Junior Chelsea Sheehan stands professionally with her hands tucked behind her back, waiting for someone’s interest to peek enough for them to stop and ask her about her poster.
The title, “Time to Weigh In,” lines the top and when asked, she begins her well practice and strong presentation on body image, perfectionism, eating disorders and self-esteem.
“In the end, what we found,” Sheehan concludes after about seven minutes of carefully thought out points, “is that self-evaluation ‘image’ tests can be really harmful to girls and women in young age groups. By simply asking a participant to disclose or not disclose their weight and height, as well as their reasoning for disclosure or nondisclosure, we found a way to look at whether or not revealing your weight and height correlates to your risks of eating disorders.”
Sheehan is just one of the many students lining the 1787 room May 2 to celebrate their scholarly work with the greater college community and their peers.
Although many departments already require final project presentations, theatre and dance recitals or capstones, this event allowed for students in every discipline to come forth and show their work in a more general and open setting.
Students presented over 20 different projects featuring anything from scientific studies on social support for injured athletes to the effect of indigenous peoples on Latin American culture.
Associate Academic Dean Ingrid Johnston-Robledo, who helped organize the planning community in charge of the event, said she was really happy with the turn out.
“Not only with the people who came out to show support of the students, but that so many students were willing to participate…I can tell they have such ownership over their work,” said Johnston-Robledo.
Johnston-Robledo, who suggested the idea of the end of the year showcase, said the idea came from her work with another institution.
“We always did a big end of the year exhibition, so I thought it would be something great to do here as well,” she said.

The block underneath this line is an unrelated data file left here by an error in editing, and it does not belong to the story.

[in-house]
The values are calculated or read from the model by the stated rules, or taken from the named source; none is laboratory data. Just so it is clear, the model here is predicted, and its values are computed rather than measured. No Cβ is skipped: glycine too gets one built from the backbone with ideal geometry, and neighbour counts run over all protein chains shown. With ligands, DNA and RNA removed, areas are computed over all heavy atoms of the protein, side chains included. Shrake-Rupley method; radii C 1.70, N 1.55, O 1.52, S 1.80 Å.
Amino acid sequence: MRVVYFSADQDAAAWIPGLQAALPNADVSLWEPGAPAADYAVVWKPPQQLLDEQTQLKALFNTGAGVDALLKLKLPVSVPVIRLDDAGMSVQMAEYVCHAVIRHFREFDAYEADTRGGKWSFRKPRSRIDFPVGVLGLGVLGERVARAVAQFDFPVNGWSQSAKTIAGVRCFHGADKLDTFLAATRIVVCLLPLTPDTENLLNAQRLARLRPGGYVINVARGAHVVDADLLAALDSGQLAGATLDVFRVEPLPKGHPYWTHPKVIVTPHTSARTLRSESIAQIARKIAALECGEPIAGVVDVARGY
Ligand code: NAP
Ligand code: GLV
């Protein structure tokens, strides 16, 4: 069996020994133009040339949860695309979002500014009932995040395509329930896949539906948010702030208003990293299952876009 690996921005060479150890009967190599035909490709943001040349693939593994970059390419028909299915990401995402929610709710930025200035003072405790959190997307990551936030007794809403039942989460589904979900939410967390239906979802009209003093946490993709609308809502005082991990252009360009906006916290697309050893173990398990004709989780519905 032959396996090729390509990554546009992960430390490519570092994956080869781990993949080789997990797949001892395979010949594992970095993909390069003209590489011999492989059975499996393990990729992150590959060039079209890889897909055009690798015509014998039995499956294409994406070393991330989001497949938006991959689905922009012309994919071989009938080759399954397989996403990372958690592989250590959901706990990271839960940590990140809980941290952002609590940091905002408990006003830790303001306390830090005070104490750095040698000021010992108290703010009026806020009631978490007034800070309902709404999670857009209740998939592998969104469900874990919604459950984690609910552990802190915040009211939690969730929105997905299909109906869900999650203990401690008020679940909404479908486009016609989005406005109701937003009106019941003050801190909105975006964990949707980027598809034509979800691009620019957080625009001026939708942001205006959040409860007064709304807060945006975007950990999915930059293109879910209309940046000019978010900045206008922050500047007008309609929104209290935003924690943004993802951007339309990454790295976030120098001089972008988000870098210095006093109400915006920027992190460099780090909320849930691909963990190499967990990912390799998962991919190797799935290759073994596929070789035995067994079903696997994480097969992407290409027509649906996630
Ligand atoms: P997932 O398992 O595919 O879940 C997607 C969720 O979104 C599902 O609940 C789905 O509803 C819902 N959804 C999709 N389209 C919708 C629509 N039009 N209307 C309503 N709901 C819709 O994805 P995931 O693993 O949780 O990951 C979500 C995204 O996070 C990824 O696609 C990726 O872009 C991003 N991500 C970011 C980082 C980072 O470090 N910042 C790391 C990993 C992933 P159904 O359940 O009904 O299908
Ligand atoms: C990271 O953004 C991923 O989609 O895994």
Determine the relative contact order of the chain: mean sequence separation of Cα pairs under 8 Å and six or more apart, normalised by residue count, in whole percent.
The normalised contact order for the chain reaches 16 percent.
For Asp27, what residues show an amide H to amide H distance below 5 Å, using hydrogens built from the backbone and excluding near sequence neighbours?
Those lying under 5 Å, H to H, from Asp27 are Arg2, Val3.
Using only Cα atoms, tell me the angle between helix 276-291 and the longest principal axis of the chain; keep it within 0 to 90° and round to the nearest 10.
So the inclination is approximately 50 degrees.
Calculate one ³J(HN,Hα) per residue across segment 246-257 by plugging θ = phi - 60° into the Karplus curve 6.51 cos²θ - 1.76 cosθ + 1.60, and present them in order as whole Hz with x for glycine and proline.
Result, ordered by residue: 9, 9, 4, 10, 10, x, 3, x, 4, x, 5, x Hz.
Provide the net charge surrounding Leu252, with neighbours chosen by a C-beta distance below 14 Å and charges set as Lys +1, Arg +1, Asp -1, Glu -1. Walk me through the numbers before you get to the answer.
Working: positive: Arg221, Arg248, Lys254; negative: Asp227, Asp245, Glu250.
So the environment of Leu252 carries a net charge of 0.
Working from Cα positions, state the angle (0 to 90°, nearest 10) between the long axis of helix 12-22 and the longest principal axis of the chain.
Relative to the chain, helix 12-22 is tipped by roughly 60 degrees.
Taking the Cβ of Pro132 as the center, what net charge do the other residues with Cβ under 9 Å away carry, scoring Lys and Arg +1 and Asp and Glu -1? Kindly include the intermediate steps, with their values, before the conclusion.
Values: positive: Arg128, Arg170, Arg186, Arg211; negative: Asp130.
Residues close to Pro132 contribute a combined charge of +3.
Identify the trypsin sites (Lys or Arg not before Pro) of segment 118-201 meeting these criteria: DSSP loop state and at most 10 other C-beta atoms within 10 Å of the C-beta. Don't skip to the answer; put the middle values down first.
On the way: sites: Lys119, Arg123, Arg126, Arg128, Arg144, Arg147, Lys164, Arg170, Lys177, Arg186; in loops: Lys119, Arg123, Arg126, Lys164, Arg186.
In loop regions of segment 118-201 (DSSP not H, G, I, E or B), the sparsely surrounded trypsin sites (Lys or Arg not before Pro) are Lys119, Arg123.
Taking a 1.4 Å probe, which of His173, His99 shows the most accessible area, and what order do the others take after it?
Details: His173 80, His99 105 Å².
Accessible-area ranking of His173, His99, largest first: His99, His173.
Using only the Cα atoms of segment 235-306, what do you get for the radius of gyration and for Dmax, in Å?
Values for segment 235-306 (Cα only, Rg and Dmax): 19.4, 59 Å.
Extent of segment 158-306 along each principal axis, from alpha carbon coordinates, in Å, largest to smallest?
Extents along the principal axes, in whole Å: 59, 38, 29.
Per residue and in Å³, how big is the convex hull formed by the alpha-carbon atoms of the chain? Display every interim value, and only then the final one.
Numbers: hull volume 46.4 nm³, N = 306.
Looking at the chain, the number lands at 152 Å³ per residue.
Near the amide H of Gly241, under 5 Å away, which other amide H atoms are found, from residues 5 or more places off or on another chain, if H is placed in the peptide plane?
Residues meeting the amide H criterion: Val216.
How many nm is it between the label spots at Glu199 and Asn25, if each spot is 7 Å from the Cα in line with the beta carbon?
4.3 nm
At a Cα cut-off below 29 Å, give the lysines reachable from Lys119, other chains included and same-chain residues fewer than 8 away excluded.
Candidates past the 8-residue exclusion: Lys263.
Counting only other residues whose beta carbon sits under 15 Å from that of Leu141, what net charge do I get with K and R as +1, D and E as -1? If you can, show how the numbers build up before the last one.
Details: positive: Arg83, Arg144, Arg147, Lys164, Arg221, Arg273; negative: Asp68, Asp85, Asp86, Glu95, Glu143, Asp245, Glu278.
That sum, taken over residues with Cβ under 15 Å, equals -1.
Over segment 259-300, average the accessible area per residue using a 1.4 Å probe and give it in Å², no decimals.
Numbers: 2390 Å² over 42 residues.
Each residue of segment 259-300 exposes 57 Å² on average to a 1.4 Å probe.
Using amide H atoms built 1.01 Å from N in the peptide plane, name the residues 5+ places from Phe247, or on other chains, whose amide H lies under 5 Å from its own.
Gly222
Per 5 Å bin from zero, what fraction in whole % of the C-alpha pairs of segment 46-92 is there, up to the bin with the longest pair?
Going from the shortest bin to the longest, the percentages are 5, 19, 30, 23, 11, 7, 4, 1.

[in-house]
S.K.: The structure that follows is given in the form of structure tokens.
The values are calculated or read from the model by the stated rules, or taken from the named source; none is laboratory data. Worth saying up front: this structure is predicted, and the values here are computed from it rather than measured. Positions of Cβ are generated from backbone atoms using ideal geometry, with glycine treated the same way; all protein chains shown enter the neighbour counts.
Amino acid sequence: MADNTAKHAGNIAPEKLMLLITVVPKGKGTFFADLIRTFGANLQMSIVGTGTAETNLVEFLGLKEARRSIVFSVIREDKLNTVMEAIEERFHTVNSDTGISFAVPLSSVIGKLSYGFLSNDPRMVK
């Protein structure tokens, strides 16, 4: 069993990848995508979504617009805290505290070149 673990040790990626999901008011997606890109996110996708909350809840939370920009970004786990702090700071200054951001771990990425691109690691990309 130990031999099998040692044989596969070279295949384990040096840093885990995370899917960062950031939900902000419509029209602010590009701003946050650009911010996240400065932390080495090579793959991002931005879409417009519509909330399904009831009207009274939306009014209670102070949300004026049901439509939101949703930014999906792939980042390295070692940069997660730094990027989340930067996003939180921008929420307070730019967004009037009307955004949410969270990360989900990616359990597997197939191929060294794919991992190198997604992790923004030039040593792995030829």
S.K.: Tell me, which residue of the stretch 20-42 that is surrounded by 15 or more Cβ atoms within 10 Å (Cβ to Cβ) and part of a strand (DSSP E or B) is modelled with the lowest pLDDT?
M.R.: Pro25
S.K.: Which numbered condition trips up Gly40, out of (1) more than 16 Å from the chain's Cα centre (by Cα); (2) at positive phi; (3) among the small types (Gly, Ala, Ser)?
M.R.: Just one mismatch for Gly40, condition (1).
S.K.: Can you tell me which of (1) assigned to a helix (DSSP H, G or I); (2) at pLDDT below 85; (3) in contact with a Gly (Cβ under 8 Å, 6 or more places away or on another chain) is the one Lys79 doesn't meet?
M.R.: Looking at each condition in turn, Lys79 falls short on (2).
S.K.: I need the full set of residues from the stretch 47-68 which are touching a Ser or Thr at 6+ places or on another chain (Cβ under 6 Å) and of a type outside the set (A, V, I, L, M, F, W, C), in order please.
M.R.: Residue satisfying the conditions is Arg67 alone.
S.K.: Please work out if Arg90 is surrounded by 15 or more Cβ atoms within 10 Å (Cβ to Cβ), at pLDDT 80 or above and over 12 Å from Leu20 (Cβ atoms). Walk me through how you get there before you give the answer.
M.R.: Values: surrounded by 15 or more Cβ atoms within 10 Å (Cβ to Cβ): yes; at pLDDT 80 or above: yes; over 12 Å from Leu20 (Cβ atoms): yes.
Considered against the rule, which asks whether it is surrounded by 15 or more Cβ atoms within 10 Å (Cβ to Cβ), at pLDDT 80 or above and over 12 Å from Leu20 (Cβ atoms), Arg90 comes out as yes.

Academic Dean Tony Peffer applauded the event and the students involved in presenting their work.
“Teaching is the core of who we are as a school, but one of the things we are trying to teach is how to be a professional in a chosen field,” said Peffer. “So, I see the research and creative endeavor as really the application of what’s been taught.”
Peffer said that this type of presentation space leaves him feeling proud of students work.
“Professors are mentors, but this is really, in reality, all their work,” he said.
Students seem to be excited about the opportunity to present and discuss their work as well.
“Although we haven’t gotten test subjects to test out our theories, we have been working a ton on how to actually present our findings,” said junior Anna Olsen, whose work with professor Melinda Mills focuses on female exercise and socialization.
Junior Ryan Ackerman, who presented on his editorial cartoons in The Spartan, said the opportunity was new to him.
“It’s cool especially for me. The cartoons go into the paper, I don’t get to see the reaction. And now, I see people walking by and laughing and that’s great,” Ackerman said smiling.
“That’s the hardest part,” he adds, “refining an idea to make it funny and current and applicable.”
Johnson-Robledo hopes that this will become a bigger annual event that helps to promote the hard work students from all departments engage in.